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Friday, July 28th, 2017

Sheriff wants body scanner

Grey tells commissioners technology needed in drug fight

By William Kincaid
CELINA - As more drugs are entering the Mercer County jail, now is the time to consider following the suit of other state correctional facilities by acquiring a body scanner, sheriff Jeff Grey told county commissioners on Thursday afternoon.
However, body scanners are expensive and won't completely stanch the flow of illicit substances into the jail due to the ingenuity of crafty criminals, Grey said.
"We're making it harder, and I think we'll catch more of what could go in, but most of those people in jail aren't dumb. If they'd put their energy into doing legal things, they'd be millionaires," Grey said.
Yet a jail body scanner, similar to low-level radiation units used to scan airline passengers, would certainly help personnel root out drugs and may deter inmates from trying to bring them in, he believes.
Commissioners, though, were initially reluctant to comment on Grey's recommendation that could cost around $120,000. Eventually during the hourlong session with Grey and chief corrections officer Jodie Lange, Rick Muhlenkamp said he would support a body scanner, and Jerry Laffin said he too was leaning in that direction. Commissioner Greg Homan, who voiced exasperation at the county's heroin problem, said he needs more time to think about it.
They will reconvene with Grey next month.
Between March 7, 2015, and April 5, 2017, drugs were detected in the jail 24 times, Grey said. But the actual rate could be higher as drugs may have been taken by the inmates before deputies could reach them.
"Typically we file charges when we can," Grey said. "But the drugs are coming in."
Drugs can make their way into the jail when people are booked or when inmates return from a work-release program or medical furlough.
Grey recalled instances in which an inmate concealed in his rectum a syringe fully loaded with heroin and a woman arrested who had hidden 56 drug capsules in her vagina.
"Now if they don't tell us and those capsules break in there, she's dead," he said.
He also pointed to incidents in other state jails in which an inmate fatally overdosed. Grey said such an incident would likely trigger a lawsuit. In another jail, seven inmates overdosed at the same time.
"If we happen to have seven inmates overdose in the jail at the same time, we would overrun Mercer Health, and we'd overrun our ambulance services trying to get there," he said.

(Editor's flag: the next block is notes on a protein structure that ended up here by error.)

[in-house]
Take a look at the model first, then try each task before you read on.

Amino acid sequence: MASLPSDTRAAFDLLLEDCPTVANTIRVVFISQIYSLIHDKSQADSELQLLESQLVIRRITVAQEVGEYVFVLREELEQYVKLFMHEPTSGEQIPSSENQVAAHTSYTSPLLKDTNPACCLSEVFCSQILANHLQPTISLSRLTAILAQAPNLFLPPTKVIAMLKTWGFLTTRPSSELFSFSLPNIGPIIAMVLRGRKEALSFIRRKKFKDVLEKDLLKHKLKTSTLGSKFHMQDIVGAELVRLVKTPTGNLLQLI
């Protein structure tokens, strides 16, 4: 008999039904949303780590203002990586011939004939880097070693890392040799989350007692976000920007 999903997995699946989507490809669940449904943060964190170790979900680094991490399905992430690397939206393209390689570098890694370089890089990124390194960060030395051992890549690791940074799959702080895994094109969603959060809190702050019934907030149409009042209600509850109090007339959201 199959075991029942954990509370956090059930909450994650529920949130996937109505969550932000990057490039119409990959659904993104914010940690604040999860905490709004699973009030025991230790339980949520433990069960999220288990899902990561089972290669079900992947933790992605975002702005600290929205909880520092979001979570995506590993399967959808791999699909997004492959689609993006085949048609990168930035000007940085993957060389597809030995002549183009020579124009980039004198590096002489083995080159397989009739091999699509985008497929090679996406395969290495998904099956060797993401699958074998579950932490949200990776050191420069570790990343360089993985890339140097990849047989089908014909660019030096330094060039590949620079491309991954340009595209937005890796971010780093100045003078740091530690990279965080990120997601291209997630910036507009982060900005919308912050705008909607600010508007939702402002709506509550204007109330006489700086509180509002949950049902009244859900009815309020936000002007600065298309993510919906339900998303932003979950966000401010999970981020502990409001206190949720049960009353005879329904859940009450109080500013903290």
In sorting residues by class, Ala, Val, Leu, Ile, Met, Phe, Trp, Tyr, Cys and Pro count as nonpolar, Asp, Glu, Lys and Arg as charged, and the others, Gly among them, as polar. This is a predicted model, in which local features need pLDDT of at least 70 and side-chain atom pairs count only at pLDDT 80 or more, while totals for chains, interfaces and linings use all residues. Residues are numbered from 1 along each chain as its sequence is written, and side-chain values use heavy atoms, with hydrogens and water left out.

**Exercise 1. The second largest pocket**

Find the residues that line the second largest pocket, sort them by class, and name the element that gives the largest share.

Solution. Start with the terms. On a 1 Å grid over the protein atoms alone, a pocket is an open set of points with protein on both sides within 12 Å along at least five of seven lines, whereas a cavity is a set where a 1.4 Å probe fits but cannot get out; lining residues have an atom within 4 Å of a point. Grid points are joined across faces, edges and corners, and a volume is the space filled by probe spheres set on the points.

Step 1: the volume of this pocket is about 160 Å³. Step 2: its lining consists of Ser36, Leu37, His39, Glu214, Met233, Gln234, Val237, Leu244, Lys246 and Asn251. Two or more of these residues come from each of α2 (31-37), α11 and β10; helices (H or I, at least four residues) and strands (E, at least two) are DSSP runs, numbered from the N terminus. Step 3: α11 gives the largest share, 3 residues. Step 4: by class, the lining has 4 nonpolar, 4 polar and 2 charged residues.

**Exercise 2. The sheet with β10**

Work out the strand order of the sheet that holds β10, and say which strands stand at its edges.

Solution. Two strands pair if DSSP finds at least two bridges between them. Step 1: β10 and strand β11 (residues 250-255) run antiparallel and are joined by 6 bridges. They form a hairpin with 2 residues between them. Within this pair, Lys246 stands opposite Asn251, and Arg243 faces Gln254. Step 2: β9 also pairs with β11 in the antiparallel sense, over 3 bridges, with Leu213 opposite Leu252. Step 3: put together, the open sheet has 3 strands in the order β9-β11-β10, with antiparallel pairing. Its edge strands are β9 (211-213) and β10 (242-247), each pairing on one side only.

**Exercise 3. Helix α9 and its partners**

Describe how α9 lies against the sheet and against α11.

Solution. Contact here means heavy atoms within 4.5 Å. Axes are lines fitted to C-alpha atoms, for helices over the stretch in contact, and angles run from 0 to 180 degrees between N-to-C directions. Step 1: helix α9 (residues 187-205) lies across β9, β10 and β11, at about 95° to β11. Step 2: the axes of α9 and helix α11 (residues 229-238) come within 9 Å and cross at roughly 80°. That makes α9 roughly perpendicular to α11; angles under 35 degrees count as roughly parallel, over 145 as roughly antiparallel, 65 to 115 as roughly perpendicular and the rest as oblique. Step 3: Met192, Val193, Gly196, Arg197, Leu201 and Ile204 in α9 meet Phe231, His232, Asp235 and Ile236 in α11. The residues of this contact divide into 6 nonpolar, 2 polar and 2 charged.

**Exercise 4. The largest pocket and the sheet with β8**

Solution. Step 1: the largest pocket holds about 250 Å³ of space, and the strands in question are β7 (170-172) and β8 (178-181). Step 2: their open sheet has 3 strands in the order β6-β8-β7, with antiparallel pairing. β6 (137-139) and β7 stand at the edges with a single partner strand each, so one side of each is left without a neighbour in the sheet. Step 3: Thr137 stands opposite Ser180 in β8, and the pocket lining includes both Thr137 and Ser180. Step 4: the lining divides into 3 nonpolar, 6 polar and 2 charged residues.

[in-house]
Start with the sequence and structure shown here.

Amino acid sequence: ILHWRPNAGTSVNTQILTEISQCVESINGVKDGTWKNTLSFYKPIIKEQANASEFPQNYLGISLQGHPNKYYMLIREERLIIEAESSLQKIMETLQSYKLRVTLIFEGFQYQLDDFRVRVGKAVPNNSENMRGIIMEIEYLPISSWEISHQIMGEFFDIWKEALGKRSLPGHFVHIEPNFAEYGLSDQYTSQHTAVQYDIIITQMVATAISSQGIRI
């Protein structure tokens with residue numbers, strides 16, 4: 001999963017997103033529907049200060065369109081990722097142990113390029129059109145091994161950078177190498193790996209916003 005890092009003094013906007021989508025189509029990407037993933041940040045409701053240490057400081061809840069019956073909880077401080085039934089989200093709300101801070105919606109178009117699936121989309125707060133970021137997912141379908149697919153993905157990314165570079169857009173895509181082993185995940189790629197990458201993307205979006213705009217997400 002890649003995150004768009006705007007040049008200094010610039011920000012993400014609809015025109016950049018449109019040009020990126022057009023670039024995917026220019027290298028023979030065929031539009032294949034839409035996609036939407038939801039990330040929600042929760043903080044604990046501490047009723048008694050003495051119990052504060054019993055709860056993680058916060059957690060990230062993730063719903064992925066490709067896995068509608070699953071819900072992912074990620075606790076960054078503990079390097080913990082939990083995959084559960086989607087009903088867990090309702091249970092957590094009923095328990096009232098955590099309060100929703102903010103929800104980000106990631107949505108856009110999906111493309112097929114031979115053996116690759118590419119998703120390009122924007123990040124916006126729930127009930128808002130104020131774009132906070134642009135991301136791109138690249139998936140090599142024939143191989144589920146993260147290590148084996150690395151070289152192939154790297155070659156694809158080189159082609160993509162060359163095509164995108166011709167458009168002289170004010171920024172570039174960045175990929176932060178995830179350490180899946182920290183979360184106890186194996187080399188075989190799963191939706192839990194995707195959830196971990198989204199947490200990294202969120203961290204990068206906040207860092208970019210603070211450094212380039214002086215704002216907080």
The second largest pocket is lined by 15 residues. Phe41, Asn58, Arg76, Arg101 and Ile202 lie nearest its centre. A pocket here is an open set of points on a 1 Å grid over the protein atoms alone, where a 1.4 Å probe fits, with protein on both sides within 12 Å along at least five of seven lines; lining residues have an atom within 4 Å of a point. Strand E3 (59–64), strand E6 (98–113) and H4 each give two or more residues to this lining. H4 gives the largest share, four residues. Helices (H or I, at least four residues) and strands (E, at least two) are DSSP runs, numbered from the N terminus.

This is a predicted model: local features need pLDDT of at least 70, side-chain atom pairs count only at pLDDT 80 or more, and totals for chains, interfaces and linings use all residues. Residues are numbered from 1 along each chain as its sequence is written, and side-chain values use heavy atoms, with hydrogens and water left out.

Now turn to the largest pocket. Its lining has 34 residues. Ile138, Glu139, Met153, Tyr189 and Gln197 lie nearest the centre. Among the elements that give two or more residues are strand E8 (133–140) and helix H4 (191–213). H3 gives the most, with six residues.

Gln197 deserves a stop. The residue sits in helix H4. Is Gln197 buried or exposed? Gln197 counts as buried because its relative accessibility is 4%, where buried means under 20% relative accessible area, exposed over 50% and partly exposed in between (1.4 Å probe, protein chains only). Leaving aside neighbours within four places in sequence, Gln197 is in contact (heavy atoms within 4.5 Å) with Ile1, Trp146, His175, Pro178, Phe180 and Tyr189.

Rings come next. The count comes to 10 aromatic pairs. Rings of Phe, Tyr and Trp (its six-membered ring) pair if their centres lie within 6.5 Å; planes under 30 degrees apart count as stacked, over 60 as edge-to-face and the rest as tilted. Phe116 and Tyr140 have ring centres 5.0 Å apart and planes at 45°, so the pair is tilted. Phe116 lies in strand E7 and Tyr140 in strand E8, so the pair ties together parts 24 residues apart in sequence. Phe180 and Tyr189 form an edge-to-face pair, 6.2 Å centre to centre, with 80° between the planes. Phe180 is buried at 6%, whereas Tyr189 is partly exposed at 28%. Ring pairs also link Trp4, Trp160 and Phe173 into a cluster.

Jails in Wood, Licking and Monroe counties have body scanners, as does the Tri-County jail, according to Grey and Lange. Officials in Greene, Shelby and Mahoning counties are getting them.
The least expensive body scanner on state contract costs $118,000 with an annual software maintenance fee of $8,750 after the expiration of the two-year warranty. They have a lifespan of 10 to 12 years, he said.
The machine could also be acquired on a seven-year lease, which includes the annual software maintenance fee and an option to purchase for $1 at the contract's end. Commissioners would either pay $2,120 a month for 84 months or $1,600 for the first 24 months and $2,330 the last 60 months, Grey said.
A potential funding source is the county's 15-year 0.5-percent sales tax enacted in 2008 to pay for the new jail and additional operations, Grey said. Laffin said the tax generated $2.7 million in 2016 and $2.5 million in 2015.
Grey acknowledges his proposal is a tough sell.
"There's going to be people out there that say, 'why would you spend the money to do something like that? They shouldn't be doing the drugs,' " Grey said. "I look at it and go, 'my first priority is to save peoples' lives when we can and not to be judgmental of them when we're saving their lives.' "
Grey said ambulances are dispatched to save drunken drivers injured in accidents.
Also, deputies carry the overdose reversal drug Narcan to administer in emergency situations.
"I don't think that we can just stand there and watch somebody die if we have the ability to save them," he said.
Homan said it's frustrating to have to continue spending taxpayer dollars on drug-related expenses.
"It's frustrating that it takes money away that you want to invest in youth programs or community development and those kinds of things," he said.
Muhlenkamp, though, said people suffering from drug addiction are someone's children or grandchildren.
"I guess it's not for us to play the position of God with these people, (and we should) try to do everything to help protect lives." Muhlenkamp said.
Laffin noted there would be concern if somebody overdosed in the jail.
"I really believe that (heroin users) can't control it," Grey said, adding that he doesn't go so far as to buy into the idea that drug use is a disease but noted everyone, including the person who takes heroin for the first time, makes mistakes.
Homan said part of him wonders if society is extending the status of victimhood to users, diminishing personal accountability. He said needles have been found three times in the streets of his Coldwater neighborhood.
"My first inclination isn't to pitying the victim. It's anger," he said.
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